Around four people go missing in Kirklees EVERY day.
They vanish, seemingly without a trace, leaving their friends and family panicking about what could have happened.
And when they do, it’s the job of Kirklees Det Insp Stephanie Wiseman and a specialist Missing Person Unit to trace their whereabouts and bring about their safe return.
“The majority of people who go missing are found safe and well”, says Insp Wiseman, who is based at Dewsbury Police station.
“Sadly there are some people who, for whatever reason, don’t want to be found or in some cases take actions to end their own lives.
But the first step to any missing person enquiry is to take basic details such as the date/time/location the person was last seen. Their full details, name, date of birth and description of what they were wearing.
And, unlike the myths created by TV crime dramas, missing people can be reported to police within the first 24 hours.
Insp Wiseman said: “The first few hours of our involvement is critical. One of the most important tasks is risk assessment which is either high, medium or low. It isn’t an exact science but it can give us an early guide as to why someone has disappeared.
“During this assessment we take into consideration who is reporting the person missing. Also important is everything from their mental health and domestic situation and all are taken into consideration.
“We then look at areas they may have links with and liaise with other forces if necessary. We may put alerts out with Border Agency and airports and transport areas.
“An intial stage of a high risk ‘mispr’ is really intensive and we use whatever resources necessary to find them. We have the helicopter, dogs unit, and may co-ordinate a search of a specific area.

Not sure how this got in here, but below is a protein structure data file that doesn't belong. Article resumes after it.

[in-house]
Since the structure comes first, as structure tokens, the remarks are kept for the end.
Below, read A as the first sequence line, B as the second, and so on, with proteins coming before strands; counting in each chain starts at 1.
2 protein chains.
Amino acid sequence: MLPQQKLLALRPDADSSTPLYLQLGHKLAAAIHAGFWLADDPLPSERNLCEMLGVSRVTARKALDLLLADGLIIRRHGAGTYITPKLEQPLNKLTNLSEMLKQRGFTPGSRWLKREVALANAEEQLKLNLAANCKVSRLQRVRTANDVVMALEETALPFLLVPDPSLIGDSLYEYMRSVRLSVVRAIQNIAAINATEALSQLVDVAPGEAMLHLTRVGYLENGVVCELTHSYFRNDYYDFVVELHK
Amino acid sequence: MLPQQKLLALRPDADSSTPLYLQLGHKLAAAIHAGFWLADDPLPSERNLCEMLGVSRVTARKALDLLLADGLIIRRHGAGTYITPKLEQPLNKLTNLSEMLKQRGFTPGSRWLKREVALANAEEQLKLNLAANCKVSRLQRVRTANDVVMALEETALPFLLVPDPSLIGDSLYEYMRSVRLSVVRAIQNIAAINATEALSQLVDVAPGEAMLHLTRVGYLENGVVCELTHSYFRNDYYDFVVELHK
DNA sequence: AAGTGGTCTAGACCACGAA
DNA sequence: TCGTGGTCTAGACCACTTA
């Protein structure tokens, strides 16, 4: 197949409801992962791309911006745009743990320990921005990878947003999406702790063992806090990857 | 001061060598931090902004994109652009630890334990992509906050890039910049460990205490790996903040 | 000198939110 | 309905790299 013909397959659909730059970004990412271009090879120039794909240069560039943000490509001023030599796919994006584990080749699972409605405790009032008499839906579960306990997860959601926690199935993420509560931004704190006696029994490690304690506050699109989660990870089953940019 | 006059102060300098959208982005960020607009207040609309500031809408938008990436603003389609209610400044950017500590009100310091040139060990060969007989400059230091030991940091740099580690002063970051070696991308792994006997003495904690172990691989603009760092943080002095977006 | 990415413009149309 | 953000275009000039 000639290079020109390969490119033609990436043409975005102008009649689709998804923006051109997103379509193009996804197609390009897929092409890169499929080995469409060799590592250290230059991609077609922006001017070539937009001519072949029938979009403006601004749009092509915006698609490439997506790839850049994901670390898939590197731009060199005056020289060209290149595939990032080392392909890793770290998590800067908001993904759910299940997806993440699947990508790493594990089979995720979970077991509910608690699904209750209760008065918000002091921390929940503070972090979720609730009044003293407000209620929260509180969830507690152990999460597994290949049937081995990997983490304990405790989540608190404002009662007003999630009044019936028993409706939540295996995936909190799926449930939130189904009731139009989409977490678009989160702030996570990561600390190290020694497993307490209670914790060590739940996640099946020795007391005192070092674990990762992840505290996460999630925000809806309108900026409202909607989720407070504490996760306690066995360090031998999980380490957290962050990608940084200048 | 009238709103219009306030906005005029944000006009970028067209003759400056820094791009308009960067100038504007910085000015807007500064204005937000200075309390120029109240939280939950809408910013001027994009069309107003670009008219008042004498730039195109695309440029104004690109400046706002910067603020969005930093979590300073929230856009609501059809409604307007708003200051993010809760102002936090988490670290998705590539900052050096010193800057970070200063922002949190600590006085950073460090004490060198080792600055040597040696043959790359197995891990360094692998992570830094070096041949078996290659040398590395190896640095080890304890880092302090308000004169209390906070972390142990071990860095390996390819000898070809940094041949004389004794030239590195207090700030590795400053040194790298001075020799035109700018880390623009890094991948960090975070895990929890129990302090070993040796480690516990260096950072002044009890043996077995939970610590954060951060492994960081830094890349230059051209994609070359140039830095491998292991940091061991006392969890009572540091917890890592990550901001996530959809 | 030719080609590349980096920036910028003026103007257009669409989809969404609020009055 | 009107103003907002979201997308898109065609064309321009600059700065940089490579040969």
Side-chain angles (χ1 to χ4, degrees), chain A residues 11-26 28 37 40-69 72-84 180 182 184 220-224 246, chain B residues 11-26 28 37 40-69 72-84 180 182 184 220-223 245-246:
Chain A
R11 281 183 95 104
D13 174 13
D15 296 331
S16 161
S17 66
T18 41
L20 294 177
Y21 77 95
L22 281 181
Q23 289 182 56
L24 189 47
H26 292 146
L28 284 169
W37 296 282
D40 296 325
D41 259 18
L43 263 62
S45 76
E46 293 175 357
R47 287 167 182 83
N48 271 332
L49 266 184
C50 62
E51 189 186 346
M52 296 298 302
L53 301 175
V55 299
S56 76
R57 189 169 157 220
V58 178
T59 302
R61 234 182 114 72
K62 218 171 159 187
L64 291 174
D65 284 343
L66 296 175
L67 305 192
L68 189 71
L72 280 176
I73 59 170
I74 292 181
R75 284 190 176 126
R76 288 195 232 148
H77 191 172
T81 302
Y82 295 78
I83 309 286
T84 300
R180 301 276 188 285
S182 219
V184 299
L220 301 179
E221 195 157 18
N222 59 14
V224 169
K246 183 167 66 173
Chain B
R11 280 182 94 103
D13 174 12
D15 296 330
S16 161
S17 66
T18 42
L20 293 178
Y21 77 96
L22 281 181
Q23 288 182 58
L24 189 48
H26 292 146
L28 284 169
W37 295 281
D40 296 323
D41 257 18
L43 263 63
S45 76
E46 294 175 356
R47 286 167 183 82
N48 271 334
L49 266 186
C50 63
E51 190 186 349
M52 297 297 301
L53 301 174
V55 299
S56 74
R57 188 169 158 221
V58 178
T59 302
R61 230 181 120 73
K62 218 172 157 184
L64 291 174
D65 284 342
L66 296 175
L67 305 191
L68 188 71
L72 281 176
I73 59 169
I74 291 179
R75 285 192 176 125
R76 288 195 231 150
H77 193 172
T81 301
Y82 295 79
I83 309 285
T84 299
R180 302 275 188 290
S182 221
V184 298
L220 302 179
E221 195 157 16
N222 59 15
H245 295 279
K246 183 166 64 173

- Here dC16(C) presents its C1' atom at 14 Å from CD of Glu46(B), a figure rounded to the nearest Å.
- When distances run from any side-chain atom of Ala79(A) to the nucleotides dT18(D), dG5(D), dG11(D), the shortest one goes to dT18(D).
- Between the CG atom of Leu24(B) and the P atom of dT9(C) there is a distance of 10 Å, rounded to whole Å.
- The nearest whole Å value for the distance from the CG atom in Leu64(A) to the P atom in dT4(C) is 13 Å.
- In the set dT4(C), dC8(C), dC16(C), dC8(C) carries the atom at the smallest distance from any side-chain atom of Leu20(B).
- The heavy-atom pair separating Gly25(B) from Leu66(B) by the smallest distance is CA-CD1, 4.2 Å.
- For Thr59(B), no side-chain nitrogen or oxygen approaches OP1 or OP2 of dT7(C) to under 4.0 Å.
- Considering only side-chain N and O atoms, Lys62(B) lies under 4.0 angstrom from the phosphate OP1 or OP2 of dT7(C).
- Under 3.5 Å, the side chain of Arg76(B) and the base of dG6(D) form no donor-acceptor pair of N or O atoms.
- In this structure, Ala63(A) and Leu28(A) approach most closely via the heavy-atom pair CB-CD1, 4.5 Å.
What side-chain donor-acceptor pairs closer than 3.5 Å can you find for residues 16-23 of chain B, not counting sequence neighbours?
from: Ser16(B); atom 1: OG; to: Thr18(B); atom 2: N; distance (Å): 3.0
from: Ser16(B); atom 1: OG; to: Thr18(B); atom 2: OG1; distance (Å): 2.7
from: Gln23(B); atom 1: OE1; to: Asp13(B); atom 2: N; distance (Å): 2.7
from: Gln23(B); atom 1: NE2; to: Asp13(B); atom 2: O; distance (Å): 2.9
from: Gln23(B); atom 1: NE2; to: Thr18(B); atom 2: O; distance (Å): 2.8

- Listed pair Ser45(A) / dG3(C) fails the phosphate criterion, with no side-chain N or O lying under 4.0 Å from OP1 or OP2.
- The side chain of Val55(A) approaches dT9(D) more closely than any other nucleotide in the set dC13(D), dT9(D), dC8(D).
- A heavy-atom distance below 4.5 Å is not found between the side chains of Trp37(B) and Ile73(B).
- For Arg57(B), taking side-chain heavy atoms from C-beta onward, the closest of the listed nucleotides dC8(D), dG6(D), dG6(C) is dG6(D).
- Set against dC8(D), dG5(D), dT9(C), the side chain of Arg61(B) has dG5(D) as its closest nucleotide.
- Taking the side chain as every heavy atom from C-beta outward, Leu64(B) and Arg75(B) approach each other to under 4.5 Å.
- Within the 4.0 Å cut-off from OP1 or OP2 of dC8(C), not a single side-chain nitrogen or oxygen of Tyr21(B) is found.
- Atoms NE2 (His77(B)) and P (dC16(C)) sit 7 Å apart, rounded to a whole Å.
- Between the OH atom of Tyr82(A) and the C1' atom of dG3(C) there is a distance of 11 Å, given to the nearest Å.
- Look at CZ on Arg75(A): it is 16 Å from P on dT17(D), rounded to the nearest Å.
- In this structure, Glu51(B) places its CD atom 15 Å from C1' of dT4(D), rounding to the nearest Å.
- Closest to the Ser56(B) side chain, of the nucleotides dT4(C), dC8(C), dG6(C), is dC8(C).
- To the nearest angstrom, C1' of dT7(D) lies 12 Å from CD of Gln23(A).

“In this age of the 24-hour media and social media we may liaise with our press office to distribute the picture to media which can be crucial in getting the message quickly to a large number.”
Insp Wiseman added: “Each case is different. Recently we had an 85-year-old lady with dementia who went missing. She was staying with a friend and just left without warning. She was found safe and well and had made her own way home.”
But the work of Insp Wiseman and the team fluctuates seasonally.
She explained: “We do see a peak in young people going missing in the school holidays. It is often easier for them to go undetected when absence from school would typically raise concern with authorities.
“Young people we usually find quite quickly. We contact anyone they have regular contact with, usually friends and look at their social patterns.
“Teenagers can like to push the boundaries and think they are adults and do what they like without telling anyone. This can make it particularly hard for relatives and carers who find themselves on the receiving end of a missing loved one.
“We may receive contact from them saying they are OK but don’t want to be found. Then we continue to monitor the situation.”
But one of the busiest ‘peaks’ for the Kirklees Missing Person’s team or Mispr, as its known in the force, was in December 2012 in Kirklees when five adults were reported missing in a short period of time and remained untraceable despite extensive enquires.
Insp Wiseman added: “It was a particularly busy period. We had five ‘long-term’ missing adults and we were using every resource available.
“When someone is missing for a long period of time and we have exhausted every possible line of enquiry the case is logged and details are stored on the Missing Person Register and the situation is reviewed every six months to see if there are any active enquires to progress the case.”
To support all police forces Missing Person’s appeals, independent charity Missing People specialises in and is dedicated to bringing missing children and adults back together with their families.
Click here to support Missing People or for more information.
View West Yorkshire Missing People appeals here - including a Huddersfield man who has not been seen for two years.